3. Kim and Lee must "elect between recovering out-of-pocket reliance damages and benefit-of-the-bargain expectancy damages for fraud . . . ."
4. The evidence is legally and factually insufficient to support the jury's finding that Kim's and Lee's conduct caused damages in the amounts found by the jury.
5. A new trial should be granted based upon cumulative error because "the trial court repeatedly commented on the weight of the evidence and [Cho's] . . . credibility, and . . . the record contains numerous translation errors that undermined the reliability of the record . . . ."
6. Exemplary damages are not available in the absence of legally and factually sufficient evidence of fraud, malice, or gross negligence.
7. The exemplary damages awarded in the judgment are unconstitutionally excessive.
8. The trial court erred in computing prejudgment interest.

         We address these issues in turn, but not in the order in which they are raised.

         I. Liability and Damages

         Based on the jury's answers and the trial court's final judgment, Kim and Lee have two legal routes to a recovery against Cho in connection with their failed shopping center project. One route is based on breach of fiduciary duty; the other is based on fraud. See Hatfield v. Solomon, 316 S.W.3d 50, 59 (Tex. App.-Houston [14th Dist.] 2010, no pet.) ("[I]f a party receives favorable findings on two or more theories of recovery that are consistent with each other and result in the same damages, then the trial court may render judgment awarding a single recovery of these damages and this judgment may be based on all of these theories.").

         Kim and Lee contend that both the breach of fiduciary duty and fraud routes to recovery are legally viable on this record and support the final judgment. They do not argue that other alternative bases exist for the judgment, and they do not rely on the additional findings regarding breach of contract, negligent misrepresentation, or conversion to support the judgment. Like the parties, we too focus our liability analysis on breach of fiduciary duty and fraud.

         A. Breach of Fiduciary Duty

         Cho's first issue challenges the submission of Question 1 to the jury asking whether he complied with his fiduciary duties. Cho contends that he owed no fiduciary duties to Kim and Lee as a matter of law because (1) "the parties entered into formalized business relationships that do not give rise to such duties;" and (2) informal fiduciary duties cannot arise from "assertions of trust and confidence that did not precede the formal, written duties."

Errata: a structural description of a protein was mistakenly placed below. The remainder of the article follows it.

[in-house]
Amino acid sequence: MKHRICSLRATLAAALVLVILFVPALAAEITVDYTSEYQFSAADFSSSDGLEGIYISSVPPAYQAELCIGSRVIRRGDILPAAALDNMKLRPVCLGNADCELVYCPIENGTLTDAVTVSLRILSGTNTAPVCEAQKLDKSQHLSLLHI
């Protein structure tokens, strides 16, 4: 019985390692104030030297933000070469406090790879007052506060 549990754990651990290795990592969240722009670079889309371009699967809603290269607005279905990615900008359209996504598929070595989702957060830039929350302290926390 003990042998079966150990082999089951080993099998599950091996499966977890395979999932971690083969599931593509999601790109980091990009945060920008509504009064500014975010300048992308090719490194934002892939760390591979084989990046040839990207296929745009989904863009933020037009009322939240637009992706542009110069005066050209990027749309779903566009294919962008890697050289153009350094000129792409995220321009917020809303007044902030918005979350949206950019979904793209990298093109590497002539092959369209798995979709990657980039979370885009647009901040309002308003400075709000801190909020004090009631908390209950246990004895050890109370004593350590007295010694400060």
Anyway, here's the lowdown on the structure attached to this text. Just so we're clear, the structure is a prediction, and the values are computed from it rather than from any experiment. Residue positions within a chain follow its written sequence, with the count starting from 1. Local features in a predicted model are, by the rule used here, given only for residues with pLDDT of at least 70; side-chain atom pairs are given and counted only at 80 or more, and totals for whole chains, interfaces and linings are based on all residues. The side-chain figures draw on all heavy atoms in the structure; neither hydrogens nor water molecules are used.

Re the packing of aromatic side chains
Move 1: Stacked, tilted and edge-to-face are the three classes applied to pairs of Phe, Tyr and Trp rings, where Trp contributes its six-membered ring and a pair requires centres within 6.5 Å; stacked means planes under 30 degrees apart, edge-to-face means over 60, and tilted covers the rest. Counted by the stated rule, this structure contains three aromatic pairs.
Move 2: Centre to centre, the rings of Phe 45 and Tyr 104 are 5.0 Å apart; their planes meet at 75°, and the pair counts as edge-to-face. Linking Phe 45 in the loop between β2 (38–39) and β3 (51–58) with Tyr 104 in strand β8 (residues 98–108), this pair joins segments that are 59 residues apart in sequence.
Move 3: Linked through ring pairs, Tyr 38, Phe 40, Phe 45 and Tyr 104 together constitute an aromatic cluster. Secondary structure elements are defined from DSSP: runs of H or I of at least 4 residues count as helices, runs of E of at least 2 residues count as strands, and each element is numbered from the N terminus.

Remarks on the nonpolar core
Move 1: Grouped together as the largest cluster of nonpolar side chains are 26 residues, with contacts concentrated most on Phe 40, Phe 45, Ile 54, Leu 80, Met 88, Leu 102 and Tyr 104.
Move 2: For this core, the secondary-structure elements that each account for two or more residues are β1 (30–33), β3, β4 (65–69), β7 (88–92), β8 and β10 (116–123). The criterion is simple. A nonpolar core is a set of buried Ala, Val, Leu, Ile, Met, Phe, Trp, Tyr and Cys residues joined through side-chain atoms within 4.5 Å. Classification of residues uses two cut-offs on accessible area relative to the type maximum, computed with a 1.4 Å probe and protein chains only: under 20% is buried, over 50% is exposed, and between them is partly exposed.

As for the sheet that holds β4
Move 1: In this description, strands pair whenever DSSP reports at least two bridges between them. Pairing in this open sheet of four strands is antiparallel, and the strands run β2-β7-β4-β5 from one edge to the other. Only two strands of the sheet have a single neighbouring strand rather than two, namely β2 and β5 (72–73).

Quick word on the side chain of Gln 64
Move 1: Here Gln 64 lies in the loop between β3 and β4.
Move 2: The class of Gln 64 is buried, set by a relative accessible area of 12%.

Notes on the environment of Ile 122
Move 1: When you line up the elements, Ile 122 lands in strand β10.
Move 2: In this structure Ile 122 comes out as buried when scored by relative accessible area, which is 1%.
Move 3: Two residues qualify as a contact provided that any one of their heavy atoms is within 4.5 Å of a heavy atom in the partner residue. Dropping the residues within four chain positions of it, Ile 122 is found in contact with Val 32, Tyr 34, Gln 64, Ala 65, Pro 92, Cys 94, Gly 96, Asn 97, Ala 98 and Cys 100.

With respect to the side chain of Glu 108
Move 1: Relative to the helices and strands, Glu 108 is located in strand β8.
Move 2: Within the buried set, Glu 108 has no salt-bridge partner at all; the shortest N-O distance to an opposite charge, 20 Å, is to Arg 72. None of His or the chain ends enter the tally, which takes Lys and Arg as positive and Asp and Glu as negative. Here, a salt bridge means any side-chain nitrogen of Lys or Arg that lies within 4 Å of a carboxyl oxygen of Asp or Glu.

Cho's appellate arguments challenge only the existence of a fiduciary duty; Cho does not attack the sufficiency of the evidence underlying the jury's "No" answer to Question 1 asking whether he complied with the elevated standards of conduct imposed on a fiduciary. According to Cho, no informal fiduciary relationship existed here because "the parties did not have a previous fiduciary relationship . . . before the transaction made the basis of this suit." Cho asserts as follows: "These were experienced businessmen, but they had no fiduciary relationship prior to and apart from the agreement made the basis of this suit."

         Kim and Lee contend that both a formal and an informal fiduciary relationship were established on this record. Kim and Lee argue that a formal fiduciary relationship existed among Kim, Lee, and Cho "because they were partners." Kim and Lee argue further that an informal fiduciary relationship existed among Kim, Lee, and Cho based on a relationship of trust and confidence. They also argue that Cho's counsel conceded the existence of a relationship of trust and confidence in an exchange with the trial court during the hearing on motions for directed verdict at the close of the evidence.

         1. Overview of fiduciary relationships

         "We have recognized the difficulty of formulating a definition of the term 'fiduciary' that is comprehensive enough to cover all cases." Crim Truck & Tractor Co. v. Navistar Int'l Transp. Corp., 823 S.W.2d 591, 593 n.3 (Tex. 1992), superseded by statute on other grounds as noted in Subaru of Am., Inc. v. David McDavid Nissan, Inc., 84 S.W.3d 212, 225-26 (Tex. 2002)); see also Kinzbach Tool Co. v. Corbett-Wallace Corp., 160 S.W.2d 509, 512 (Tex. 1942).

         In certain formal relationships, such as those involving partners, trustees, or an attorney-client relationship, a fiduciary duty arises as a matter of law. Johnson v. Brewer & Pritchard, P.C., 73 S.W.3d 193, 199 (Tex. 2002); see also Ins. Co. of N. Am. v. Morris, 981 S.W.2d 667, 674 (Tex. 1998); Thigpen v. Locke, 363 S.W.2d 247, 253 (Tex. 1962).